On May 18, 1988, Ianniello was indicted again in Newark, New Jersey on racketeering charges involving the 1984 Genovese takeover of a gravel company in Edgewater, New Jersey.[16] On October 13, 1988, Ianniello was sentenced to 13 years in federal prison after being convicted of the 1986 bid rigging racketeering charges.[17]

Acting Boss[edit]

In 1995, Ianniello was released from prison. When Genovese boss Vincent Gigante went to prison, Ianniello became acting boss. By 1998, Ianiello was deeply involved in Almagated Transit Union Local 1181, a bus drivers union.[18] Through the union, Ianiello forced a medical center to pay $100,000 to renew their lease and then make regular cash payments in order to keep it.[19] Between 2001 and 2005, protection fees on Connecticut garbage businesses earned Ianniello more than $800,000.

On July 27, 2005, Ianniello was indicted on racketeering charges in New York involving extortion and loansharking. Agents arresting Ianniello at his home reported that he was watching the film The Godfather Part III.[20][21] On June 10, 2006, Ianiello was indicted in federal court in New Haven on charges of racketeering involving trash hauling in Southwestern Connecticut.[22] In 2006, Ianniello pleaded guilty to the New York racketeering charges and received an 18-month prison sentence.[23] The same year, he pleaded guilty in Connecticut to two racketeering charges for extorting the trash hauling industry and was sentenced to two years in federal prison to run concurrent with the 18 month New York sentence.[24] Ianniello's attorney had asked for leniency, saying Ianniello had cancer and was in general poor health. [23]

Later life[edit]

On April 3, 2009, Ianniello was released from the Federal Medical Center (FMC) for prisoners in Butner, North Carolina.[25] On August 15, 2012, Ianniello died at his Long Island home in Old Westbury, New York, of health problems related to heart ailments and other illnesses, including prostate cancer.[1]

In popular culture[edit]

Matthew Ianniello is portrayed by actor Garry Pastore in the 2017 HBO series The Deuce. He has a recurring role in the first season but will become a regular in the second season coming out in September of 2018.[26]


  1. ^ a b c DeStefano, Anthony M. (August 19, 2012). "LI mobster Matthew 'Matty the Horse' Ianniello dies at 92". Newsday. Retrieved September 8, 2012.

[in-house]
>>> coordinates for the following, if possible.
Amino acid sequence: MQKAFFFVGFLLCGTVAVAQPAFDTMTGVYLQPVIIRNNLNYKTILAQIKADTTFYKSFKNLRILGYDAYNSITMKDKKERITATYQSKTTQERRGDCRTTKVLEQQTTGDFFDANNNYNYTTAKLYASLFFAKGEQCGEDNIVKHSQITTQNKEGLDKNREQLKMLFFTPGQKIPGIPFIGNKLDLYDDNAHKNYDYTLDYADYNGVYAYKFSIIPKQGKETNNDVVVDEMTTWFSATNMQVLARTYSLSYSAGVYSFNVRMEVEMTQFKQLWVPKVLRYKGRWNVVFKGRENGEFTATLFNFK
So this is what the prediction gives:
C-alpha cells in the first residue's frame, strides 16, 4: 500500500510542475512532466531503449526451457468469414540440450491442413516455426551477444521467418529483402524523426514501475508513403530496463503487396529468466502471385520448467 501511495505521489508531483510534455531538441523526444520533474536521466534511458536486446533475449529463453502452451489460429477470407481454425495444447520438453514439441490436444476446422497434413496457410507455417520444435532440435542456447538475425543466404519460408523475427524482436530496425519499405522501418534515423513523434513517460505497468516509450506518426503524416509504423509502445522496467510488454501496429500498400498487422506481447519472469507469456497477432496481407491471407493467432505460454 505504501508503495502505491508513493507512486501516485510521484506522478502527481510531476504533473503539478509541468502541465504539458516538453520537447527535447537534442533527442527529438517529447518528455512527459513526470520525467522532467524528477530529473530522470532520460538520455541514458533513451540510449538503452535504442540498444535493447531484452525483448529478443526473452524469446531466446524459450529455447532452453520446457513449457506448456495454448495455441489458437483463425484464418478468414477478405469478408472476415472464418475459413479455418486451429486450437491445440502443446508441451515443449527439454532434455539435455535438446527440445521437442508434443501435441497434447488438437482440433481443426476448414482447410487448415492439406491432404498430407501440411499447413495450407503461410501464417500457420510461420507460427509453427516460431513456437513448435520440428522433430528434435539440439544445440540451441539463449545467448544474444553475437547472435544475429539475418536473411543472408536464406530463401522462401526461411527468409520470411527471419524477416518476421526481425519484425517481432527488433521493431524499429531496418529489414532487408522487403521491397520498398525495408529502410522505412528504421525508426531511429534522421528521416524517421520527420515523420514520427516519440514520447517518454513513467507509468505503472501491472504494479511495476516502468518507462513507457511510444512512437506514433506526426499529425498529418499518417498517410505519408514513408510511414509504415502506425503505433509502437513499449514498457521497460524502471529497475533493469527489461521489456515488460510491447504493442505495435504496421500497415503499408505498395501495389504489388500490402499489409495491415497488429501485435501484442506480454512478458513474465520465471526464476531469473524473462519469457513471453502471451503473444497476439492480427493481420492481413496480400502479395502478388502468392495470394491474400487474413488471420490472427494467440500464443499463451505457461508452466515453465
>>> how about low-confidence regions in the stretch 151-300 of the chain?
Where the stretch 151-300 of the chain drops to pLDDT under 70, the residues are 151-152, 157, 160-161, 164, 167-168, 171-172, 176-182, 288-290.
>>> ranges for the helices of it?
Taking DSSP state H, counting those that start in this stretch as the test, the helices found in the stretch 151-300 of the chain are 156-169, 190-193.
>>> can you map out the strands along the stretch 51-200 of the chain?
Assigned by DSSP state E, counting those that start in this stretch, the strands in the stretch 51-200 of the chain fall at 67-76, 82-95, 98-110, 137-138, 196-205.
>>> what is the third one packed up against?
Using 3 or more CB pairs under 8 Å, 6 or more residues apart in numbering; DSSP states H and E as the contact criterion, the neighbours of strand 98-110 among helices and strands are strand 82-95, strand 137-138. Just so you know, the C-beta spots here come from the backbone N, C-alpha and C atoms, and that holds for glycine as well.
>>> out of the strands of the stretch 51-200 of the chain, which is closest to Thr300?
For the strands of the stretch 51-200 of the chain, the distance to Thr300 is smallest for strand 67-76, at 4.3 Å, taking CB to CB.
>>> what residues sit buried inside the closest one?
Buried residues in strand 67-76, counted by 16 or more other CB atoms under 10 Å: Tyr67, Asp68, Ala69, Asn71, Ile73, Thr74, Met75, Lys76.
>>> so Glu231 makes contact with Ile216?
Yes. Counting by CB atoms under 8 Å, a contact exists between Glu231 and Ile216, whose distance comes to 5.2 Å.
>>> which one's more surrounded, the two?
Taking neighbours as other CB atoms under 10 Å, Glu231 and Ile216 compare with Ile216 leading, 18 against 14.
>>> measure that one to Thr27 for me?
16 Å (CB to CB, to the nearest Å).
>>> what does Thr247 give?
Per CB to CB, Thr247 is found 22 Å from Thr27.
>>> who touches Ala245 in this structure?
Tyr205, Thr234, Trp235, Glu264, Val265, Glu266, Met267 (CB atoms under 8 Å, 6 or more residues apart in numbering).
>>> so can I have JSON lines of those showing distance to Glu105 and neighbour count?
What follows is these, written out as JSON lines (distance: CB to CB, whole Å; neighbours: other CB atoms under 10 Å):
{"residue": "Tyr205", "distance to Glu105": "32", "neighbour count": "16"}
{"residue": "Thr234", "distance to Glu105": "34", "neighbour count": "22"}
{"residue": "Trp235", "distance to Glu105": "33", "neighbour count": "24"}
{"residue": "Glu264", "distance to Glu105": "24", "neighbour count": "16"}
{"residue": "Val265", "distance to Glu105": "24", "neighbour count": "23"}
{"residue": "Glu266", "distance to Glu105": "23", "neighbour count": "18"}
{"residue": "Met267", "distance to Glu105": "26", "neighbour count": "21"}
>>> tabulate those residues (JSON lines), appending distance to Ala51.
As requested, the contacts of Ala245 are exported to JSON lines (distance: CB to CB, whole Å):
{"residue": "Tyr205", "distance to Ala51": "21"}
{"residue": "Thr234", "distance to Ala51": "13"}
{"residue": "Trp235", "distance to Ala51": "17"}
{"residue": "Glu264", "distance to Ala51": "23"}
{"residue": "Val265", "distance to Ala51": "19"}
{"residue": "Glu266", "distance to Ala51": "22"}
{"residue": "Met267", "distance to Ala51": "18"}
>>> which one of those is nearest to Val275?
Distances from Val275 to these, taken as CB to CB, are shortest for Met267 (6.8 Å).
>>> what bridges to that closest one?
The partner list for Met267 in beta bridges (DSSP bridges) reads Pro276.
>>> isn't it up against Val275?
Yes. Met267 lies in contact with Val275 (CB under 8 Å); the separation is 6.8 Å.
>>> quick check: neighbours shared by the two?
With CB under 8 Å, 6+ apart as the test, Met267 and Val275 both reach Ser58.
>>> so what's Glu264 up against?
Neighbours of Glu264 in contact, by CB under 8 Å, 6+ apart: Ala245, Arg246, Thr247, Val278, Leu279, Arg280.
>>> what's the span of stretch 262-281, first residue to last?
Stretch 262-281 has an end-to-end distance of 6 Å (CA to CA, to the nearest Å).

2. ^ a b c d Vitello, Paul (August 24, 2012). "Matthew Ianniello, 92, Former Mafia Boss". New York Times. Retrieved 23 September 2012.
  3. ^ a b c d Collins, R. Thomas (2002). Newswalker: A Story for Sweeney. RavensYard Publishing, Ltd. p. 120. ISBN 978-1-928928-03-4.
  4. ^ Jacobs, James B.; Cooperman, Kerry T. Breaking the devil's pact the battle to free the Teamsters from the mob. New York: New York University Press. p. 13. ISBN 0-8147-4366-8.
  5. ^ Gage, Nicholas (September 25, 1972). "Study Shows Courts Lenient With Mafiosi" (PDF). New YOrk Times. Retrieved 31 March 2012.
  6. ^ Collins (2002), 126.
  7. ^ Skillings, Pamela. "Manhattan, New York: Photo Tour of Sites of Famous New York Deaths". p. 9 of 11. Retrieved September 8, 2013.
  8. ^ Gage, Nicholas (May 3, 1972). "Story of Joe Gallo's Murder" (PDF). New York Times. Retrieved 3 November 2011.
  9. ^ Paul Vitello (August 23, 2012). "Matthew Ianniello, the Mafia Boss Known as 'Matty the Horse,' Dies at 92". The New York Times.
  10. ^ Hugh A. Mulligan (May 5, 1985). "In These Eateries, Pasta Was Served With Bullets". The Nevada Daily Mail. p. 3A.
  11. ^ a b "Ianniello Is Sentenced In Racketeering Trial". The New York Times. February 16, 1986.
  12. ^ Lubasch, Arnold H (March 1, 1985). "REPUTED CRIME BOSSES ARRAIGNED". New York Times. Retrieved 31 March 2012.
  13. ^ Lubasch, Arnold H (December 31, 1985). "9 OF 10 FOUND GUILTY IN SKIMMING TRIAL". New York Times. Retrieved 31 March 2012.
  14. ^ Saxon, Wolfgang (May 14, 1986). "SIX DEFENDANTS ARE ACQUITTED IN A MOB TRIAL". New York Times. Retrieved 31 March 2012.
  15. ^ "U.S. Attorney Reports Indictment of Ianniello". New York Times. May 16, 1986. Retrieved 31 March 2012.
  16. ^ Uhlig, Mark A (May 19, 1988). "8 Reputed Members Of Genovese Family Indicted by U.S. Jury". New York Times. Retrieved 31 March 2012.
  17. ^ "Salerno, Now Serving 100 Years, Gets 70 More in Bid-Rigging Case". New York Times. October 14, 1988. Retrieved 31 March 2012.
  18. ^ "Two Accused of Extorting Bus Companies" By Paul von Zielbauer New York Times June 3, 2009
  19. ^ Hays, Tom (July 29, 2005). "Authorities crack down on New York's Genovese crime family, with 20 arrests". North County Times. Retrieved 1 April 2012.[permanent dead link]
  20. ^ Rashbaum, William K (July 29, 2005). "Metro Briefing | New York: Manhattan: Reputed Mob Family Boss Indicted". New York Times. Retrieved 31 March 2012.
  21. ^ "Reputed Genovese family members indicted" Marissa Muller CNN July 28, 2005;
  22. ^ "Mob Figures Are Charged With Controlling Trash Hauling in Connecticut". New York Times. June 10, 2006. Retrieved 31 March 2012.
  23. ^ a b Rubinsky, Cara (May 9, 2007). "Reputed Mob Boss Sentenced in Trash Case". The Washington Post. Retrieved 1 April 2012.
  24. ^ McShane 2007
  25. ^ Bureau of Prisons Inmate Locator
  26. ^

Further reading[edit]

American Mafia
Preceded by
Dominick "Quiet Dom" Cirillo
Genovese crime family
Acting boss

Succeeded by
Daniel "Danny the Lion" Leo
as acting boss